An unemployed Palestinian developer named Khalil Shreateh tried several times to report a bug to Facebook’s security team. When no one got back to him, he took the (dubiously) logical next step: exploited the bug to leave a public comment on Facebook CEO Mark Zuckerberg’s wall.
“First sorry for breaking your privacy and post to your wall,” an apparent screenshot of the hack reads. “I has [sic] no other choice to make after all the reports I sent to Facebook team.”
But it’s not exactly newsworthy that Shreateh found a bug. In fact, Facebook runs a program that encourages white-hat hackers to find and report bugs in Facebook infrastructure in exchange for a cash reward. What is unusual is that Facebook didn’t respond to Shreateh’s initial reports about the bug, and that Shreateh then exploited it in violation of Facebook’s policies for white-hat hackers.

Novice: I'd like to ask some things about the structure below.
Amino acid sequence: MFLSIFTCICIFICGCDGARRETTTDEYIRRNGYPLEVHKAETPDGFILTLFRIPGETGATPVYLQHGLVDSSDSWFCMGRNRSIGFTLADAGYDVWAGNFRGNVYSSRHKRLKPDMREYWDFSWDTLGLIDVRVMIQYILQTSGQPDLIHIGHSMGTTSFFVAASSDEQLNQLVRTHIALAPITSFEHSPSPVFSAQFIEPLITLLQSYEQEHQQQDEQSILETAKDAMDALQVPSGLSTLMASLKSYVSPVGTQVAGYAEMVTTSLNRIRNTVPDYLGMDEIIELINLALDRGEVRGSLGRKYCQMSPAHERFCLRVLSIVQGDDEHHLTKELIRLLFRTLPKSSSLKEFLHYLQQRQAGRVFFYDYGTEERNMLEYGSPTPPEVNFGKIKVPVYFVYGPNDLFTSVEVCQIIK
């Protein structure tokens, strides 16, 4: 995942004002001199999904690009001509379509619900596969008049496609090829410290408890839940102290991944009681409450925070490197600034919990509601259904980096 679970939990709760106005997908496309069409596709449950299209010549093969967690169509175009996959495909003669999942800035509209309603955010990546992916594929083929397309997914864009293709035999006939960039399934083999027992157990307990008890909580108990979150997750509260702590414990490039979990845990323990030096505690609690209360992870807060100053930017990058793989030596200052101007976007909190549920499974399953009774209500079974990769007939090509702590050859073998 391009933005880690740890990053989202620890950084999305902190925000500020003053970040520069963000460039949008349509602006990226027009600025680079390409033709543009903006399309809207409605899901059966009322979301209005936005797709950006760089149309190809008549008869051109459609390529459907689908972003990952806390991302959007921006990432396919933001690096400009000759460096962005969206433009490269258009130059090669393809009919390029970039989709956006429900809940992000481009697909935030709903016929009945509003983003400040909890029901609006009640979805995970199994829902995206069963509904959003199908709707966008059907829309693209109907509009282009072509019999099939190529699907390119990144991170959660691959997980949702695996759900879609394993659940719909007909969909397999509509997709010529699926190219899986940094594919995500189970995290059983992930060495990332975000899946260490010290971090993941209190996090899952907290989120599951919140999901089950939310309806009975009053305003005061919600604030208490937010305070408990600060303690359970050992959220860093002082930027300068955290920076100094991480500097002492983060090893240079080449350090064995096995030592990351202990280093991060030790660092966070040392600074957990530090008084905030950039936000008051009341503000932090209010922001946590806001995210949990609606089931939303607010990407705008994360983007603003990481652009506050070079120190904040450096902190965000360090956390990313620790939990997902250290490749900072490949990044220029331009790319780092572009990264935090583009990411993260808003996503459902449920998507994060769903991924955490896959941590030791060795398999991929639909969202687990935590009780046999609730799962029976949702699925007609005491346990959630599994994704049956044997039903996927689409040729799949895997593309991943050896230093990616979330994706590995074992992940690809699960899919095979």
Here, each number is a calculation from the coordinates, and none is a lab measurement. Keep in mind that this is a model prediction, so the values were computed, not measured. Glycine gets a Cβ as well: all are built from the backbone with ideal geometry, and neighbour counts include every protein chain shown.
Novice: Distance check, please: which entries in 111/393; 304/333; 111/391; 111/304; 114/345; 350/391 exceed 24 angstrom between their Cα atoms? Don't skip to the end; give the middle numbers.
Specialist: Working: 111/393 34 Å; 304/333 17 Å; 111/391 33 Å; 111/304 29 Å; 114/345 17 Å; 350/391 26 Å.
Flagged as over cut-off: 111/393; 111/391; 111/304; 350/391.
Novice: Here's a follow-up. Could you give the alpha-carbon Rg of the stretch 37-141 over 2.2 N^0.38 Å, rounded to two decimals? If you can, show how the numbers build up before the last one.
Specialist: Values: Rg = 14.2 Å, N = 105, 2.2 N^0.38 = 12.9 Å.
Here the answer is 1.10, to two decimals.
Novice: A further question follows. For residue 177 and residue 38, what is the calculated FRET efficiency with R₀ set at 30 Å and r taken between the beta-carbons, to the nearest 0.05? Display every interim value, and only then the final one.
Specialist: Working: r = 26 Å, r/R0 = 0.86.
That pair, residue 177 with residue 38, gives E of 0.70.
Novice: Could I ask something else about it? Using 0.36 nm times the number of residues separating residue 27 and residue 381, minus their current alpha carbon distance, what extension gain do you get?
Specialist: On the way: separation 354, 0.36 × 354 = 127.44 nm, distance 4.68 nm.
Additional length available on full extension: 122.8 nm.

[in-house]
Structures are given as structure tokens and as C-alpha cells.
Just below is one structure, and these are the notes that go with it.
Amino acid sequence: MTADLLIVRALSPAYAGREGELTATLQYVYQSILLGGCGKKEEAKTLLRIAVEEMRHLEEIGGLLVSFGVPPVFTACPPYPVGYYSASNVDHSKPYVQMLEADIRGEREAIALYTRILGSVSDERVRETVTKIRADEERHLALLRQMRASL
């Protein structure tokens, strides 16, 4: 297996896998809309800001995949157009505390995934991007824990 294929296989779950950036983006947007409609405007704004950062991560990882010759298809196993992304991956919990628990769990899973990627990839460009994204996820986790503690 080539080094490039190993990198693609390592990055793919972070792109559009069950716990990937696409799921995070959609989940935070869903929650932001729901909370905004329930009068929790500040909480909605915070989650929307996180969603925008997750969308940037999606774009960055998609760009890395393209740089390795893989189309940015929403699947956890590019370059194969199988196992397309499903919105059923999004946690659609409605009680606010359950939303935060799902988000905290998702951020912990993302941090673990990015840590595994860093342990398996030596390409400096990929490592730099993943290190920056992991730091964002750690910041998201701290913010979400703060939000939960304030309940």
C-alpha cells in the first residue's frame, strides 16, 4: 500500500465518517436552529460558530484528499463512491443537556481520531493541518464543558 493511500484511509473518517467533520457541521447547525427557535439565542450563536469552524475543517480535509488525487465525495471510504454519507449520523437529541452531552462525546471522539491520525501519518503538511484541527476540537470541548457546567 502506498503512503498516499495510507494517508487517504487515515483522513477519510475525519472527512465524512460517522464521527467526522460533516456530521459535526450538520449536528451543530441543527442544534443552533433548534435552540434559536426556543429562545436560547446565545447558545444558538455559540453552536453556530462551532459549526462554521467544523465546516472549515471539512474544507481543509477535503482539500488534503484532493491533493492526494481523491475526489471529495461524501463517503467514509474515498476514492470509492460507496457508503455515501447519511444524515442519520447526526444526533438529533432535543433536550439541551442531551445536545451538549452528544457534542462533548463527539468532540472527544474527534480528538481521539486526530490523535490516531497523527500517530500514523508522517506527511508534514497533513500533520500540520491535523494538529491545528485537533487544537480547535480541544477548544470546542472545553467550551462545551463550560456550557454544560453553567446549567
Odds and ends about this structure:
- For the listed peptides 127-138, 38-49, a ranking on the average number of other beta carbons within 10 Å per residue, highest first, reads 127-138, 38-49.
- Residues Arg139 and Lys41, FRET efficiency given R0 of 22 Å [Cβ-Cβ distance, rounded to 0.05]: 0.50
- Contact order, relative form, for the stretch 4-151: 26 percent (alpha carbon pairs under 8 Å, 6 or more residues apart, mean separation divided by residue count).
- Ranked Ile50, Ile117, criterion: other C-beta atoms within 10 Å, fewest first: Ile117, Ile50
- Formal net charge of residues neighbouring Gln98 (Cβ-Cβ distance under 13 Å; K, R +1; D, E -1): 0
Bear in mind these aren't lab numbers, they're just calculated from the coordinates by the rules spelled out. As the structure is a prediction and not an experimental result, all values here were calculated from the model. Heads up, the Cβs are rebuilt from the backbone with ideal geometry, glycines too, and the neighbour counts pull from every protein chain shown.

“The more important issue here is with how the bug was demonstrated using the accounts of real people without their permission,” Matt Jones, a Facebook software engineer said. So why didn’t Facebook respond right away to Shreateh’s reports? It seems his bug was lost – literally – in translation. Shreateh’s English is a little shaky, and the Facebook developer he corresponded with doesn’t seem to understand the report:
“Rhe vulnerability allow’s facebook users to share posts to non friends facebook users , i made a post to sarah.goodin timeline and I got success post… of course you may cant see the link because sarah’s timeline friends posts shares only with her friends, you need to be a friend of her to see that post or you can use your own authority.”
“I am sorry this is not a bug,” a Facebook employee reportedly fired back.